Aside from the heat, the Trentinis had to adjust to the slower pace of life. Both Benno and William agree that although it may not be as fast as what they are used to in Switzerland and Brazil, “things still get done here.”

“Things work here. You can get things done, unlike on some Caribbean islands where you can’t get it done,” says Benno. “Things are more laid back, but in the tourism and financial services industries people understand they have to have a service mentality in order to succeed.”

From a business perspective, having local people who can “get the job done” is advantageous, as the cost of relocating people from overseas can be high compared to building a team of successful local professionals. Both Benno and William note that there is a pool of Bahamian talent that should not be overlooked. “You can find people from the islands or who hold Bahamian citizenship who are well-qualified,” says Benno. “It’s easier to hire someone like that on a basis of trial and error, whereas if you have to bring people over, it’s tougher.”

Family matters
But no matter how good business is, the family is a priority.

With their husbands at work and their children at school, both Caroline and Monica had to find ways to occupy their time. “I was very worried when we first came here that I would be bored, because I was working back home,” says Caroline. But her volunteer work for local charity Hands for Hunger has vanquished any hint of boredom and given her the opportunity to meet Bahamians and travel to different areas of New Providence.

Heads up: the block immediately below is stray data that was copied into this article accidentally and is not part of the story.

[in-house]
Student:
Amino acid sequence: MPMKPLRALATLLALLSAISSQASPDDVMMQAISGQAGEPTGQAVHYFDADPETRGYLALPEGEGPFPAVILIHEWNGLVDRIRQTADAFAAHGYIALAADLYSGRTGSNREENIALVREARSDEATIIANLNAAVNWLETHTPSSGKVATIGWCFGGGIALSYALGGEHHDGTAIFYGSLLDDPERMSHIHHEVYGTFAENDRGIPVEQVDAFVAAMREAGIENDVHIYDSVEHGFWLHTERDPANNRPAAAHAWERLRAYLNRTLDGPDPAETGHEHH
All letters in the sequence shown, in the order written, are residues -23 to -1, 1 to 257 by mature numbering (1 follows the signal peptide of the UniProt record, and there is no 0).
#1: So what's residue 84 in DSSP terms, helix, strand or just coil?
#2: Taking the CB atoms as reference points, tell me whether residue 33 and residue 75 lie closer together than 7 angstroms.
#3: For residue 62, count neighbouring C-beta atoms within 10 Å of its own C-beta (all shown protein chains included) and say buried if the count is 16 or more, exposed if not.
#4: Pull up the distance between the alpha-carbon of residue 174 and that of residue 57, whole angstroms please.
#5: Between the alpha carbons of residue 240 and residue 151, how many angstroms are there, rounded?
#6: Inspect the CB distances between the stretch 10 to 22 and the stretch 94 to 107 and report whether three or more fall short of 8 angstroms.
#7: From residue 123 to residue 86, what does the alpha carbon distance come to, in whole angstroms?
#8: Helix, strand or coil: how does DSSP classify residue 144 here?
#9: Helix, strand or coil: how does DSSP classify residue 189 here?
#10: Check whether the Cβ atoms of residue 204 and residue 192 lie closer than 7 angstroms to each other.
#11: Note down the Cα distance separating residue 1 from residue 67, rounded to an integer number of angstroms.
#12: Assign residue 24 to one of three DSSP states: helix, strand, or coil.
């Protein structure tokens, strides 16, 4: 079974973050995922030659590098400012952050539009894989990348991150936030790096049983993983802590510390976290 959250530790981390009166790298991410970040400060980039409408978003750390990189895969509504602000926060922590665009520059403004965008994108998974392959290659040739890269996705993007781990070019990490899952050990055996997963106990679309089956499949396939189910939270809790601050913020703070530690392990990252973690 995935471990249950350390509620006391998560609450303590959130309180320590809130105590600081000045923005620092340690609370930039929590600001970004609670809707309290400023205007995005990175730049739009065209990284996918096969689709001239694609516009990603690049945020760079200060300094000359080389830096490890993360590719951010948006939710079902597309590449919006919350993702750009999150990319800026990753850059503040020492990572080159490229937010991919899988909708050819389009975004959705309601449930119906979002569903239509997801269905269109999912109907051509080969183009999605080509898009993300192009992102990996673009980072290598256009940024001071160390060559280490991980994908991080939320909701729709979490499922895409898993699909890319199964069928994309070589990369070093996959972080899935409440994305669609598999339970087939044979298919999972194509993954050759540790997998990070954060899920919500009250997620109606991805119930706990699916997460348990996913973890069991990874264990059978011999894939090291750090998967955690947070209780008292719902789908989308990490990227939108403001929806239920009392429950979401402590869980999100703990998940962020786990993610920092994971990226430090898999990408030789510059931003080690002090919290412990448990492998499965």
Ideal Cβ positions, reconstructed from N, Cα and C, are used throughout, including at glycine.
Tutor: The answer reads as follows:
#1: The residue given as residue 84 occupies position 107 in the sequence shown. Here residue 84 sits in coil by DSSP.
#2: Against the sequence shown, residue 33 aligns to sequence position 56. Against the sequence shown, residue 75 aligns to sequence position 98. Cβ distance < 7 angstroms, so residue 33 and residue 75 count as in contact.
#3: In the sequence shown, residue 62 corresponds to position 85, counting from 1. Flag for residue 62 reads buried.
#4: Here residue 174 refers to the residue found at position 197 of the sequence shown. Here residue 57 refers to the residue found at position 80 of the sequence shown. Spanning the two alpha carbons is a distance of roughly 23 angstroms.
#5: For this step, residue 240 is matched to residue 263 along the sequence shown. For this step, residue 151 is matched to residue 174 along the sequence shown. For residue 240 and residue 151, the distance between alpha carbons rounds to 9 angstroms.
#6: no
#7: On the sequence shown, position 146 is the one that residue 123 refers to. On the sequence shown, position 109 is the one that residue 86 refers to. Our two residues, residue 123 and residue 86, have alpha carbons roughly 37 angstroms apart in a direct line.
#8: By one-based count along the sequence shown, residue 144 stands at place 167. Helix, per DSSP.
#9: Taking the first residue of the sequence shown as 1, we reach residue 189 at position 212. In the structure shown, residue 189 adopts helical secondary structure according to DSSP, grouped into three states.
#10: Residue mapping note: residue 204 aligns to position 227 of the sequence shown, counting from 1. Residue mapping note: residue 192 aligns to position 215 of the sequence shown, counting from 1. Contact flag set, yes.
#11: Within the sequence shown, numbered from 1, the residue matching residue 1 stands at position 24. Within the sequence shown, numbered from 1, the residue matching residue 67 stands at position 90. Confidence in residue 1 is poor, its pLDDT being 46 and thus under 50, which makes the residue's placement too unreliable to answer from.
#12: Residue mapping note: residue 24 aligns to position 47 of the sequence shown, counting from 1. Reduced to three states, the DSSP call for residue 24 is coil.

Hands for Hunger is a charity that collects food from restaurants, hotels, private functions and catering parties and distributes it to those less fortunate.

Monica is kept busy looking after her youngest two-year-old child and volunteers at the private Tambearly School, where her other two children are now enrolled.

Paradise with benefits
Once they settled into their new island lifestyle, both families recognized the appeal and advantages of working and raising their family in The Bahamas. William, who recently transferred from RBC to UBS, says the short commute greatly benefits the time he can spend with his family.

“For me to travel across the island takes about 45 minutes each way,” he says. “In São Paulo, I would cover one-fifth of that distance in the same amount of time.”Benno agrees that The Bahamas affords him more time to spend with his family, noting that “at home in Switzerland, you don’t see many fathers around with their families over the weekends. It’s an easier life here compared to places like New York or Zurich.”

Fortunately, his wife is in agreement: “When people hear ‘The Bahamas’ they think of it as a place to vacation and don’t really think you can move here to live,” says Caroline. “But this is a great place to raise a family.”